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A three-year review of lung cancer patient characteristics in a tertiary hospital

Jane S. Afriyie-Mensah
Ernest Kwarteng
John Tetteh
Hafi Gbadamosi
Mary-Ann Dadzie
Yaw Boakye Mensah
Ekow Entsua-Mensah


Objective: The study sought to determine clinical characteristics and histologic subtypes of a cohort of lung cancer patients in a tertiary facility.
Design: Retrospective review of the medical records of histology-confirmed lung cancer cases at the respiratory clinic over a 3-year period.
Setting: Respiratory Clinic, Korle-Bu Teaching Hospital, Accra, Ghana
Participants: All adult patients with histologically diagnosed lung cancer were enrolled.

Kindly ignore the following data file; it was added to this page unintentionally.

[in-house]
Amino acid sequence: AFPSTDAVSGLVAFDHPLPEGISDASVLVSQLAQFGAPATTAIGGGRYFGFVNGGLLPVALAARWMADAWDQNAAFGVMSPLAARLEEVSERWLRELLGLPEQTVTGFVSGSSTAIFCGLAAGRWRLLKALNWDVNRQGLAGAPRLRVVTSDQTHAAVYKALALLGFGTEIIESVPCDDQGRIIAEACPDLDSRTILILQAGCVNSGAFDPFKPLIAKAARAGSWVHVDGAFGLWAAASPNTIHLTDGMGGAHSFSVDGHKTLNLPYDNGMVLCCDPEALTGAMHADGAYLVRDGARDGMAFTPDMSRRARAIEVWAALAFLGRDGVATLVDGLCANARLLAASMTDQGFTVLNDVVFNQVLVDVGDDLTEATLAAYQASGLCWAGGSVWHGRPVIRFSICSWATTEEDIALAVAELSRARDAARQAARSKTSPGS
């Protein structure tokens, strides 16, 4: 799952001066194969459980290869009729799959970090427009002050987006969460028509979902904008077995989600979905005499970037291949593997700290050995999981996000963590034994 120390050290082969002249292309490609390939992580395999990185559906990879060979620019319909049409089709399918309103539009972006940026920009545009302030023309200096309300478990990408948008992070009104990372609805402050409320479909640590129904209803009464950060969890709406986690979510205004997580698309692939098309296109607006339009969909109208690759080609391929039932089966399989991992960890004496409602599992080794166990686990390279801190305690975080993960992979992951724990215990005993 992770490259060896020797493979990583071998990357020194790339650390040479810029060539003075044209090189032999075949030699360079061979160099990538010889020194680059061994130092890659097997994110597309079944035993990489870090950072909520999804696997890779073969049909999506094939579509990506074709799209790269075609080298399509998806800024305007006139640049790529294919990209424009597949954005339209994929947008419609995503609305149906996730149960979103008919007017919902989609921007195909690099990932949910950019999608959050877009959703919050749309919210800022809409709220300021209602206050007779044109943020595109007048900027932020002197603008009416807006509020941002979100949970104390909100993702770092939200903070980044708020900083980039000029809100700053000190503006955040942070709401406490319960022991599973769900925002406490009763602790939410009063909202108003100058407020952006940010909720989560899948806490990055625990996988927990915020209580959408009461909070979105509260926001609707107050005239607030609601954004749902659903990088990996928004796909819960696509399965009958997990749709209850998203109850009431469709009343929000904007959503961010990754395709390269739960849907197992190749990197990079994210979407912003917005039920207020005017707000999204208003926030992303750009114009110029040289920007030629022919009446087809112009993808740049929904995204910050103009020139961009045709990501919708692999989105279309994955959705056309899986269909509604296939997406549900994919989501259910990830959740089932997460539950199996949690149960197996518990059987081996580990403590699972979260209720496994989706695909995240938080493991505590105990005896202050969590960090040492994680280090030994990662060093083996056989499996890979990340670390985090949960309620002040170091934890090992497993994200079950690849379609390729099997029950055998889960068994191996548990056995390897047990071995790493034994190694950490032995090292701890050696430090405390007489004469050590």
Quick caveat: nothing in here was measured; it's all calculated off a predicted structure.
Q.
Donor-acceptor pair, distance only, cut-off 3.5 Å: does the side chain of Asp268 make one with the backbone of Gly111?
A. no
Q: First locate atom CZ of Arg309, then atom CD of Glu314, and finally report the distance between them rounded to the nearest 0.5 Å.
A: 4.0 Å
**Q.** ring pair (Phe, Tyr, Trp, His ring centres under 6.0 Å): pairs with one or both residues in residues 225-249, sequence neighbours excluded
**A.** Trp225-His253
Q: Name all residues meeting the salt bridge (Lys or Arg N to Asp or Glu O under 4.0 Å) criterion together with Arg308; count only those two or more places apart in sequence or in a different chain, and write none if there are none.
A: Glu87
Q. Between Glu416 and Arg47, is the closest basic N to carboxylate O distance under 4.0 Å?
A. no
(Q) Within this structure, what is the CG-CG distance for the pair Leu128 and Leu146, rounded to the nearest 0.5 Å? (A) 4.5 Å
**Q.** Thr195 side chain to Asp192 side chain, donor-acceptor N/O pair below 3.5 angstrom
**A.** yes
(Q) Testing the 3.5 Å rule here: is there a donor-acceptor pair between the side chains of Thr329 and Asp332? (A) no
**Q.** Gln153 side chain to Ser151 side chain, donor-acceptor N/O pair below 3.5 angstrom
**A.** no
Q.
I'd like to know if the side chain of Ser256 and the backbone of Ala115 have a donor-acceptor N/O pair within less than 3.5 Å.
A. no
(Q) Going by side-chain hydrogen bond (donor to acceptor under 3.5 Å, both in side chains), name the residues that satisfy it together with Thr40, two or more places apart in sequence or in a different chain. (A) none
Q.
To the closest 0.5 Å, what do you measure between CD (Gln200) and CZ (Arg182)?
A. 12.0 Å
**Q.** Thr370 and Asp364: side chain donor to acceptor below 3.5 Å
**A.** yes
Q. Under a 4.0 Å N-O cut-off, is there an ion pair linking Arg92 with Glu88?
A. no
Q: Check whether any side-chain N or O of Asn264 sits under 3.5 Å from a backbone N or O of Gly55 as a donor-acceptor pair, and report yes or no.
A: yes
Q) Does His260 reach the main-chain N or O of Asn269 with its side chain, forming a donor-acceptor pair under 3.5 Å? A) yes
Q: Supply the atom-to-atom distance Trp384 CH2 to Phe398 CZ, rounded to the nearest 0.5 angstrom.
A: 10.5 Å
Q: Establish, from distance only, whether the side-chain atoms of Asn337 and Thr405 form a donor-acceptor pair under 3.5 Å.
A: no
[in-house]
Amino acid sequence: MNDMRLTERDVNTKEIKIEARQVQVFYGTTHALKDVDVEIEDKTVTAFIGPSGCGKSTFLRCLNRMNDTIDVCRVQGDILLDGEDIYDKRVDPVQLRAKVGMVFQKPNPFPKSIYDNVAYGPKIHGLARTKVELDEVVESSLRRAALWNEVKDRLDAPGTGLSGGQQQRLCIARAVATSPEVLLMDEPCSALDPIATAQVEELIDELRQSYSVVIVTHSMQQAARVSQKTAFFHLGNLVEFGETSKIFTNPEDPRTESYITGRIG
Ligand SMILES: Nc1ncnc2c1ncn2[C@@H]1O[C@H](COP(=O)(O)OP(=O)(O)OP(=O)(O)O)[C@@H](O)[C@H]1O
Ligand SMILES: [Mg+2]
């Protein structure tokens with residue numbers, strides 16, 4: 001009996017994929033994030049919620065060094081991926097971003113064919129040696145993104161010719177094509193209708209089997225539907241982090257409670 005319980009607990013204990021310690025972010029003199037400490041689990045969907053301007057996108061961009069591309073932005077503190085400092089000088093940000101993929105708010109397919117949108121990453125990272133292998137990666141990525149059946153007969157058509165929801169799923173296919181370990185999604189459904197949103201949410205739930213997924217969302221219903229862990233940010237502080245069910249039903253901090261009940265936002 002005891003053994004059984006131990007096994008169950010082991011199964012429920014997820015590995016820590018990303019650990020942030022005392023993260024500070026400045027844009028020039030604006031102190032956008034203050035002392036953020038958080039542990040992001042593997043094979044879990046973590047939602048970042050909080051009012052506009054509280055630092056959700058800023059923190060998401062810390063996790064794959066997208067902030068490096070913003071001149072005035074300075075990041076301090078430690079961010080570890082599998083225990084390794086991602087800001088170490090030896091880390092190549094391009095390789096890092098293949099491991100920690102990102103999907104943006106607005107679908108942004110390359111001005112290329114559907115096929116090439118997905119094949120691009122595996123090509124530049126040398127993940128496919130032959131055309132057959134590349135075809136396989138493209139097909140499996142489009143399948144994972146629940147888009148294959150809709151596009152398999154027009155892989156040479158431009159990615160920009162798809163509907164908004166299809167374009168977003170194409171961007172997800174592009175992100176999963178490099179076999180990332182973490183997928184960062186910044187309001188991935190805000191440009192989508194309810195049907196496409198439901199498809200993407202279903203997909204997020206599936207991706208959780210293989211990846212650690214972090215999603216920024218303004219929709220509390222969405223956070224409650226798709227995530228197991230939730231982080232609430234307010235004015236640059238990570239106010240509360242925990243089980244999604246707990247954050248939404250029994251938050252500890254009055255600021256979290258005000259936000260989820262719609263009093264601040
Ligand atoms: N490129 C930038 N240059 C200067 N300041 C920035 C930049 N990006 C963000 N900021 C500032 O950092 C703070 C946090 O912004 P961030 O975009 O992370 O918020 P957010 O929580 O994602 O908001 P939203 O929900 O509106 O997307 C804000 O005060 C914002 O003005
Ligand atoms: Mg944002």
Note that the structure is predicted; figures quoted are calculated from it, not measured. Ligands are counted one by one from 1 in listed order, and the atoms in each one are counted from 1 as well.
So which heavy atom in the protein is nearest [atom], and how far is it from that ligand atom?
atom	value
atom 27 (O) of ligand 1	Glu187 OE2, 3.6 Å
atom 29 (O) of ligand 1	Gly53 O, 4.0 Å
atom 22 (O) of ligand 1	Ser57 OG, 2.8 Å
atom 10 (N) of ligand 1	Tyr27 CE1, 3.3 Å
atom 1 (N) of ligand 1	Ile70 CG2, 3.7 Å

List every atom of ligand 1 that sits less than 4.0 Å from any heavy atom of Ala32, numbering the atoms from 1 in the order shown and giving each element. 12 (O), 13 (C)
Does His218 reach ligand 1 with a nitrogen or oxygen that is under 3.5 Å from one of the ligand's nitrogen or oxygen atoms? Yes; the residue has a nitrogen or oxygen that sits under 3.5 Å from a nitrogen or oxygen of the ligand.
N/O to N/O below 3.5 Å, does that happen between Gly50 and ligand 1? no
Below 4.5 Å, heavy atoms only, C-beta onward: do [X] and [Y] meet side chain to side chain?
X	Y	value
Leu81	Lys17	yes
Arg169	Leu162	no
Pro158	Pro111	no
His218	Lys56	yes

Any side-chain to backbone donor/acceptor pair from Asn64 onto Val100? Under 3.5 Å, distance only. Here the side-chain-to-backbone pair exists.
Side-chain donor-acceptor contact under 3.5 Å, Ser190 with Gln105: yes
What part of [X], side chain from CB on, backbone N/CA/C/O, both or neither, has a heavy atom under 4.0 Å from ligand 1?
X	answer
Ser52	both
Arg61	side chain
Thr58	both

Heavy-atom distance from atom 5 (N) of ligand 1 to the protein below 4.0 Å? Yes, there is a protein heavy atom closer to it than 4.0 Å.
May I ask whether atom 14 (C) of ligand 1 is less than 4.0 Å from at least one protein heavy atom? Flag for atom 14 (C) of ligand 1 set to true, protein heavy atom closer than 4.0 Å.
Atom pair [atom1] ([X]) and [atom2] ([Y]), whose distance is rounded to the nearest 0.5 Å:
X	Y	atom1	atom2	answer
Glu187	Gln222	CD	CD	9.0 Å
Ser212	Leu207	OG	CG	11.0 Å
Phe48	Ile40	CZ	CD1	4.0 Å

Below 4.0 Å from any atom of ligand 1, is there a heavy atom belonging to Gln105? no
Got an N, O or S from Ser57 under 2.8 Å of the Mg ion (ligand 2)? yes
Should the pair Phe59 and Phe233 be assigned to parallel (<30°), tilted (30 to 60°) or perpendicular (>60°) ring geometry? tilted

Main outcome measures: Lung cancer histological types
Results: The proportion of lung cancer cases was 12.4%. The majority were women (57.8%) and the mean age at diagnosis was 55.8±16.0 years. The patients were predominantly non-smokers (61%). Common symptoms were chronic cough and chest pain. More than two-thirds of the cases presented in clinical stages III and IV with the pre-dominant histological subtype being adenocarcinoma in smokers and non-smokers. Genetic testing for epidermal growth factor receptor (EGFR) and Anaplastic Lymphoma kinase (ALK) mutations were largely absent.
Conclusions: The majority of lung cancer patients presented late with advanced disease. Adenocarcinoma was the predominant histological subtype in a predominantly non-smoking population, with an increased prevalence among women less than 60 years. This should encourage testing for genetic mutations to improve patient survival.

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print ISSN: 0016-9560